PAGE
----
Seems like every big policy gun wants to take a shot at fantasizing the decarbonization and electrification of the energy system. No doubt that is where the government policy analysis money is going. Sadly I am on the wrong side of the issue, money-wise, but it sure is fun flogging the fallacies in these so-called studies.

A few weeks ago we looked at the hilarious effort by the International Energy Agency. They were growing the global economy, and electrifying everything in sight, but had the need for juice going down in the process. Clearly impossible.

Two other recent reports are also worth laughing at. Which one is worse is hard to say, they are that bad. The titles begin to give the flavor of fantasy.

One is “The Future of Electric Power in the United States” by the collective National Academies of Science, Engineering and Medicine (NASEM). The role of medicine is unclear.

The other is this mouthful:”Electrification Futures Study: Operational Analysis of U.S. Power Systems with Increased Electrification and Demand-Side Flexibility” from the National Renewable Energy Laboratory (NREL).

Each of these massive reports is several hundred pages long, so I am merely going to point out the biggest and silliest features. Given the green focus it is preordained that the biggest is also the silliest.

From NREL let’s start with Demand-Side Flexibility. What does this mean? It means that you serve the grid, rather than the grid serving you. I am not making this up. Their primary example is that electric vehicles will be charged during midday, when solar power is at full strength. You arrange your life around when power is available. Is this third world or what? It is the opposite of flexibility, a form of control. You are working on the grid’s schedule.

They also have a computer model showing how wonderfully well this works. Here it gets truly hilarious, as they have a contender for the world’s greatest green understatement. The Executive Summary, which is all most people will read, features a nifty graph of a week of power generation and consumption. It shows how thanks to the miracle of Demand-Side Flexibility we can get all the juice we need from solar plus wind.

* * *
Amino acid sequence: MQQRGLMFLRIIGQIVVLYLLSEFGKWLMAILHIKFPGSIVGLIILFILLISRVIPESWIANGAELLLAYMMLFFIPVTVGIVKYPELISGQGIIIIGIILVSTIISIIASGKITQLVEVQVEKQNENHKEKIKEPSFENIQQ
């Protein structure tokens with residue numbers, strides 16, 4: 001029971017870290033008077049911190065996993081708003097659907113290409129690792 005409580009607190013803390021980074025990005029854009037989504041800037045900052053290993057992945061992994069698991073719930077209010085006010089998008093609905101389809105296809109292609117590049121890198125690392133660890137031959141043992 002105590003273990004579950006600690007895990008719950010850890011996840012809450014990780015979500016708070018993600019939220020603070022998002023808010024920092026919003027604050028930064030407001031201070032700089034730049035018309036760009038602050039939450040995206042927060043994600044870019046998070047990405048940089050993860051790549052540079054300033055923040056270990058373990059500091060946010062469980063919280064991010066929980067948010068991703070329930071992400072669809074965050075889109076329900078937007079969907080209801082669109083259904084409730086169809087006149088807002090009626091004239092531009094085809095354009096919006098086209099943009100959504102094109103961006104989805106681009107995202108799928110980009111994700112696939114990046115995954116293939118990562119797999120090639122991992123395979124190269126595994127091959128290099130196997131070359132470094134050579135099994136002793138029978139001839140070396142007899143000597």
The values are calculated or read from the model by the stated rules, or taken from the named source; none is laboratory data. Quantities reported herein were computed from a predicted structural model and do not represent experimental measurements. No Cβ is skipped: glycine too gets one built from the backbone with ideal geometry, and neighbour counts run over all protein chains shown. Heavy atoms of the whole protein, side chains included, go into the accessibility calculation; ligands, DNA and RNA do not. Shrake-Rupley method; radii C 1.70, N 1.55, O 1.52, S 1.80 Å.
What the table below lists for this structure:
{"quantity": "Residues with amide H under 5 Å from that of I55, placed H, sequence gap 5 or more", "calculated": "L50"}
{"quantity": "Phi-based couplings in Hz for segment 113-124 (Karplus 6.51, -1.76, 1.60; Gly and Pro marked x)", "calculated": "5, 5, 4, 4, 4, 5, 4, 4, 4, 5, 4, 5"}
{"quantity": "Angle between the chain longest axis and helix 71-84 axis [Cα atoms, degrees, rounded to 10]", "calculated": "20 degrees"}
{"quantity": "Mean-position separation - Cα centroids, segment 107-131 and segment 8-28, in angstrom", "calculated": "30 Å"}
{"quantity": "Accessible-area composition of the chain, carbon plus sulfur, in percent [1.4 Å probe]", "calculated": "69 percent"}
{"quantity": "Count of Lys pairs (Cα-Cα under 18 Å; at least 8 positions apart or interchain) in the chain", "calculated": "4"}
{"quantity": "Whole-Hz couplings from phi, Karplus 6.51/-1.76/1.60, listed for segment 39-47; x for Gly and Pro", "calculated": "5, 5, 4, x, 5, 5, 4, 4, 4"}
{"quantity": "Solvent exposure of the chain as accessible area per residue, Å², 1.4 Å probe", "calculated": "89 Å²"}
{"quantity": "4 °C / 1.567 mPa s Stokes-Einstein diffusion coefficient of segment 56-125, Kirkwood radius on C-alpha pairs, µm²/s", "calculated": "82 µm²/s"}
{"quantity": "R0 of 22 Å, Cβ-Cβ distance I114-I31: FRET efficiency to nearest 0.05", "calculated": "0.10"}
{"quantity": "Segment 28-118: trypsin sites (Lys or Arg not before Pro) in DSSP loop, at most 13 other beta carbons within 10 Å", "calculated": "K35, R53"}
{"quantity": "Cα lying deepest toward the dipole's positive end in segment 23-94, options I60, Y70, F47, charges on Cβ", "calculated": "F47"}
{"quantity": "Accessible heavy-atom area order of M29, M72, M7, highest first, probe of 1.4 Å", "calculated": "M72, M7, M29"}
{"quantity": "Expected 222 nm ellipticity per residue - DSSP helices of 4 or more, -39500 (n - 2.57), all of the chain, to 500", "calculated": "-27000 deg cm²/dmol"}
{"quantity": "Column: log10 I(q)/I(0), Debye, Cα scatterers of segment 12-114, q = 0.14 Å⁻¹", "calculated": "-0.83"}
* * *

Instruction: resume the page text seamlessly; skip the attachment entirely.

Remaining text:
Of course the graph is completely unrealistic. To begin with is says it is a week in April but apparently it never rains. Solar is full strength every day, even though clouds can cut solar to just 10% of full power. Even more miraculous, the wind varies every day in just such a way as to meet our needs when solar does not. Of course wind never, ever shows this kind of day to day rhythmic consistency.

They have this absurdity covered, however, in where else but a footnote! Here it is, although it is a tad technical: “The limited amount of unserved load found in the scenarios suggests that the systems are resource adequate although additional probabilistic analysis with multiple weather years are needed to confirm the findings.” I am pretty sure that in some of these other weather years it rains in April and the wind does not blow hard and rhythmically that week. Unserved load would be blackout scale. So this is a great understatement indeed!

NASEM has an entirely different approach, ironically one that is useful in its way. They are fussing and worrying about all the technical obstacles to radically transforming the American electric power system. In many cases these potential problems are spelled out in great detail, taking several hundred pages. It is a grand catalog of worries.

Happily very few simple minded solutions or fixes are specified. The dozens of recommendations mostly amount to by who and how these issues should be addressed. It is no surprise that many involve more research, since drumming up research funding is NASEM’s job. They explain in detail that the needed technologies simply do not exist, which is important to know.

This mind-numbing report makes clear that the popular green doctrine that transformation just takes political will is pure fantasy. It would be incredibly complex and difficult. Of course it would also be astronomically expensive and extremely disruptive, which they do not go into.

This weighty report adds to the shunned knowledge that the great green transformation simply will not happen. The wall of reality looms ahead, dead ahead of the political machinery that is trying to speed up. The interesting question is what the crash will look like? It may be as simple as nothing much happening, as it has been so far. As it gets harder, less and less will be done. A crash into nothingness.

I am sure in the days to come we will have more big studies like these. From an engineering point of view the electric power transformation and expansion is a fun problem. Properly read what these studies tell us is that it will not happen. Transformation is unbelievably costly, hugely disruptive and there is no need for it. This is a clear prescription for political failure.


  • David Wojick, Ph.D. is an independent analyst working at the intersection of science, technology and policy. For origins see For over 100 prior articles for CFACT see Available for confidential research and consulting.